I have just finished reading Poppy Shakespeare by Clare Allen. Set in a North London day hospital, Allen draws on her own experience as a patient in the psychiatric system. It focuses on the lives of two characters, N, who has been a patient at the hospital for thirteen years and Poppy Shakespeare, a newcomer who is certain she isn’t mentally ill and is desperate to return to the outside world. Clare Allen explains:
‘What interested me in writing Poppy Shakespeare was the idea of taking a ‘normal’ person and landing her bang in the middle of this ‘upside-down’ world.’
The ‘upside down’ world which Allen describes is a place where the attempt to get better becomes overshadowed by the need to conform.
‘In the common room to be ‘abnormal’ was normal. Which is to say our normality was more or less the opposite of what might be considered normal in the world outside…so long as conforming meant being mentally ill, it made it a very difficult place to get better.’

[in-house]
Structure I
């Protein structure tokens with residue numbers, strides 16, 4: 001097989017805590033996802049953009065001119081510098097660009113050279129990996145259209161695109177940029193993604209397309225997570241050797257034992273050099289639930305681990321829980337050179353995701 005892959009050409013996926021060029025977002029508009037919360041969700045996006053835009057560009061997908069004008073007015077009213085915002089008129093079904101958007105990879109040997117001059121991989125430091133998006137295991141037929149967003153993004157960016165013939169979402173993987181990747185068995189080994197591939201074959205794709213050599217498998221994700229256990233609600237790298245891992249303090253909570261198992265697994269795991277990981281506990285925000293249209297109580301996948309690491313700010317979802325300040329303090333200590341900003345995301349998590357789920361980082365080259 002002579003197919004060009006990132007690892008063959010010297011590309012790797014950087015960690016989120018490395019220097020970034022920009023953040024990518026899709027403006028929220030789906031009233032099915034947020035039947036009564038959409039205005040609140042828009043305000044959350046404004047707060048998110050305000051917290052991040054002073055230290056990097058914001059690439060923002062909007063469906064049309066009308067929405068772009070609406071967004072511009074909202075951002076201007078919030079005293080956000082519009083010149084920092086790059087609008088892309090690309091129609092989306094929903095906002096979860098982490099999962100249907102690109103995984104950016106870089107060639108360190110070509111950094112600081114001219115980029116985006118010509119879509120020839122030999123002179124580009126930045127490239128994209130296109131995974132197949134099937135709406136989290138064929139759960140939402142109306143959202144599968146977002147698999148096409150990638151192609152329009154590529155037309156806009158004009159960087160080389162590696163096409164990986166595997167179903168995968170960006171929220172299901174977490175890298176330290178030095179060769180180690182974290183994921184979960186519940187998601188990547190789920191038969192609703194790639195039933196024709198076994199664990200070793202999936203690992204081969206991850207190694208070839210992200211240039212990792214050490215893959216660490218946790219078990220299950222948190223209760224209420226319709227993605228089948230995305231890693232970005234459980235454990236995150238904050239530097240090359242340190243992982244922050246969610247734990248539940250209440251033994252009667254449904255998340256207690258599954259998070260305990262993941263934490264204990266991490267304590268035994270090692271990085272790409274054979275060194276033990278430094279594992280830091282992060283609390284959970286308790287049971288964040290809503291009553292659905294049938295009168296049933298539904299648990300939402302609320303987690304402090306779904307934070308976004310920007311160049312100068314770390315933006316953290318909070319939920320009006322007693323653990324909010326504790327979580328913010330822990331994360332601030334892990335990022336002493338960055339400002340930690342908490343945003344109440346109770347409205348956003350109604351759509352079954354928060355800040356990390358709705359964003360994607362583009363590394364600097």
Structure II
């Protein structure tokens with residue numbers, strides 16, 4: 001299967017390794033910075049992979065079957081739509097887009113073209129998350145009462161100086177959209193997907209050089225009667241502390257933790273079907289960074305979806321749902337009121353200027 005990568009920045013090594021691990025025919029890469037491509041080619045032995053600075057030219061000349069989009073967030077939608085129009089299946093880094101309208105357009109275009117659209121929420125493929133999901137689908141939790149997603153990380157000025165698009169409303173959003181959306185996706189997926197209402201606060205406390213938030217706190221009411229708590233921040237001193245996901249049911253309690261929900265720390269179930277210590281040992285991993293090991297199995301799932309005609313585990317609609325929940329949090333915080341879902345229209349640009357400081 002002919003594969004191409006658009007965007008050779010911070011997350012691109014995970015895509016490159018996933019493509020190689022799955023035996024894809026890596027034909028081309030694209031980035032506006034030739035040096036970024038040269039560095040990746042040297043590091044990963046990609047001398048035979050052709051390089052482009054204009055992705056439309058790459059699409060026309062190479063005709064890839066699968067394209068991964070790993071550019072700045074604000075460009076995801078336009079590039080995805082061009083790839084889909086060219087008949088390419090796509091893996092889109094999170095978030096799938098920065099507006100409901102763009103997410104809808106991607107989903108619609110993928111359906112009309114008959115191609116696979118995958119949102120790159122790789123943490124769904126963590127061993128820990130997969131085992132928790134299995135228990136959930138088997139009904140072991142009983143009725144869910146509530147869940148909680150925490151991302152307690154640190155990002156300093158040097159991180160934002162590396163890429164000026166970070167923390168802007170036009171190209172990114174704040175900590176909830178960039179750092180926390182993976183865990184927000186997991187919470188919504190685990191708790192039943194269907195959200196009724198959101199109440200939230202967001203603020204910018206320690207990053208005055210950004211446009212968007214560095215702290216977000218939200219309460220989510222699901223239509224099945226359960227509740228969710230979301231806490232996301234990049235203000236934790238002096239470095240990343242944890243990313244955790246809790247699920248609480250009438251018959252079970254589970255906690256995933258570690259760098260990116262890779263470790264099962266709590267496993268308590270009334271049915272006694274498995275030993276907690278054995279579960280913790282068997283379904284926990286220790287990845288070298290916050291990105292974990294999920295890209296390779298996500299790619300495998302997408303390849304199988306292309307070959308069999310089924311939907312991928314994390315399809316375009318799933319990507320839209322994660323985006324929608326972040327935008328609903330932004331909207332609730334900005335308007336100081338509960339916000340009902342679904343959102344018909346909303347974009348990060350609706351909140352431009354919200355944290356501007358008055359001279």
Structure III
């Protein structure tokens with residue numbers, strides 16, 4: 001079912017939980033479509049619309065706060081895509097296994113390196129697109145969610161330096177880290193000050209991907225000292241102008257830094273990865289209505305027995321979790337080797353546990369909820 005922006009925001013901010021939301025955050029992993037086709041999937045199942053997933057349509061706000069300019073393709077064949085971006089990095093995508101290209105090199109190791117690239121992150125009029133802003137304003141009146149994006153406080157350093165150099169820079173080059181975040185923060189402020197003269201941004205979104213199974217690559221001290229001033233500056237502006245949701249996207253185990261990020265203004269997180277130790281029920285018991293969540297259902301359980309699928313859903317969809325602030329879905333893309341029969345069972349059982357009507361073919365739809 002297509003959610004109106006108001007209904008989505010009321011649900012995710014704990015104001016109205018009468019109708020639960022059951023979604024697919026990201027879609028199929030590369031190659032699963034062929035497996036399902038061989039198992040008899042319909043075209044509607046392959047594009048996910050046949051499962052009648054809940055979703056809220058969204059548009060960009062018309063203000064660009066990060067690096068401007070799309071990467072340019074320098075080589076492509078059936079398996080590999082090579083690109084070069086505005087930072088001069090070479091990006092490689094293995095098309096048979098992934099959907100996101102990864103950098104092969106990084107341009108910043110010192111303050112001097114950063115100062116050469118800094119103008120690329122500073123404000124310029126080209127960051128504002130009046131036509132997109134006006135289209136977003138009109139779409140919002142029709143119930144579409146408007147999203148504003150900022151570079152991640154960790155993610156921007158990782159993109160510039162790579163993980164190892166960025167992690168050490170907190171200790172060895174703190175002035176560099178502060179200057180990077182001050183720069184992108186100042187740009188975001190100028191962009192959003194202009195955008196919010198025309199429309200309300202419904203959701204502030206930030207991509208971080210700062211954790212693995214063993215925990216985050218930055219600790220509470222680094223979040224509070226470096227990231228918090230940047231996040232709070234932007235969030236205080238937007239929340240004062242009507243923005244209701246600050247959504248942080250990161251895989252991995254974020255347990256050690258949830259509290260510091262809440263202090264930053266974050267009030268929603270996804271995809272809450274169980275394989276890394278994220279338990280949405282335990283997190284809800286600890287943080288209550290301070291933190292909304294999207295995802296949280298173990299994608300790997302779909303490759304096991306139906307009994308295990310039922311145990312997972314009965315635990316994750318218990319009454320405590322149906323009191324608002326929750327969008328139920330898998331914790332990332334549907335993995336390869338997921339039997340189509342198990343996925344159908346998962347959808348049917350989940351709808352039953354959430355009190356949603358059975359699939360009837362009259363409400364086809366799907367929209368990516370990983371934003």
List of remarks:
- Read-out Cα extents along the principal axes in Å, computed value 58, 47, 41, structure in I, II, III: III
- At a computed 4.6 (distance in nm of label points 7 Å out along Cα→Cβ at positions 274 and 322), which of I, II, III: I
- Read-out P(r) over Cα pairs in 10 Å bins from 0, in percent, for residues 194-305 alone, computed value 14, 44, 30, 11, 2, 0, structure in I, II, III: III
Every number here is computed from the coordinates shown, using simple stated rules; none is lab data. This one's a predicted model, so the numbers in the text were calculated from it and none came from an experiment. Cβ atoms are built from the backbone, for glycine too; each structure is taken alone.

Allen’s frustration with the system that surrounds her characters is felt throughout the story. It reasserts itself at every point, effectively causing the reader to share in this emotion. The helplessness and desperation can draw you in and drag you down, but Allen is also interested in exploring the way in which words cope with extremes of emotion and experience.
Through my work reading with dementia patients as a project worker for Get Into Reading I have become particularly interested in the way in which words and stories connect on a deep level, even when individuals have lost sense of their own personal story. Allen echoes this notion in speaking of her own experience.
‘When I arrived at the day hospital… My life had shrunk to a series of seconds, each to be somehow survived. I got through by walking, constantly walking, reciting poetry over and over to keep the thoughts from my head.’
In reading this book I was struck by the resilience of individuals, whose experiences seem unimaginable and impossible to survive. That they do survive and keep going despite this is a stark reminder of human strength, our ability to endure. That it stands so close to the contrasting frailty of a system which threatens to destroy this resilience once and for all is strangely paradoxical. And this in itself helps create the sense of claustrophobia which dominates the novel.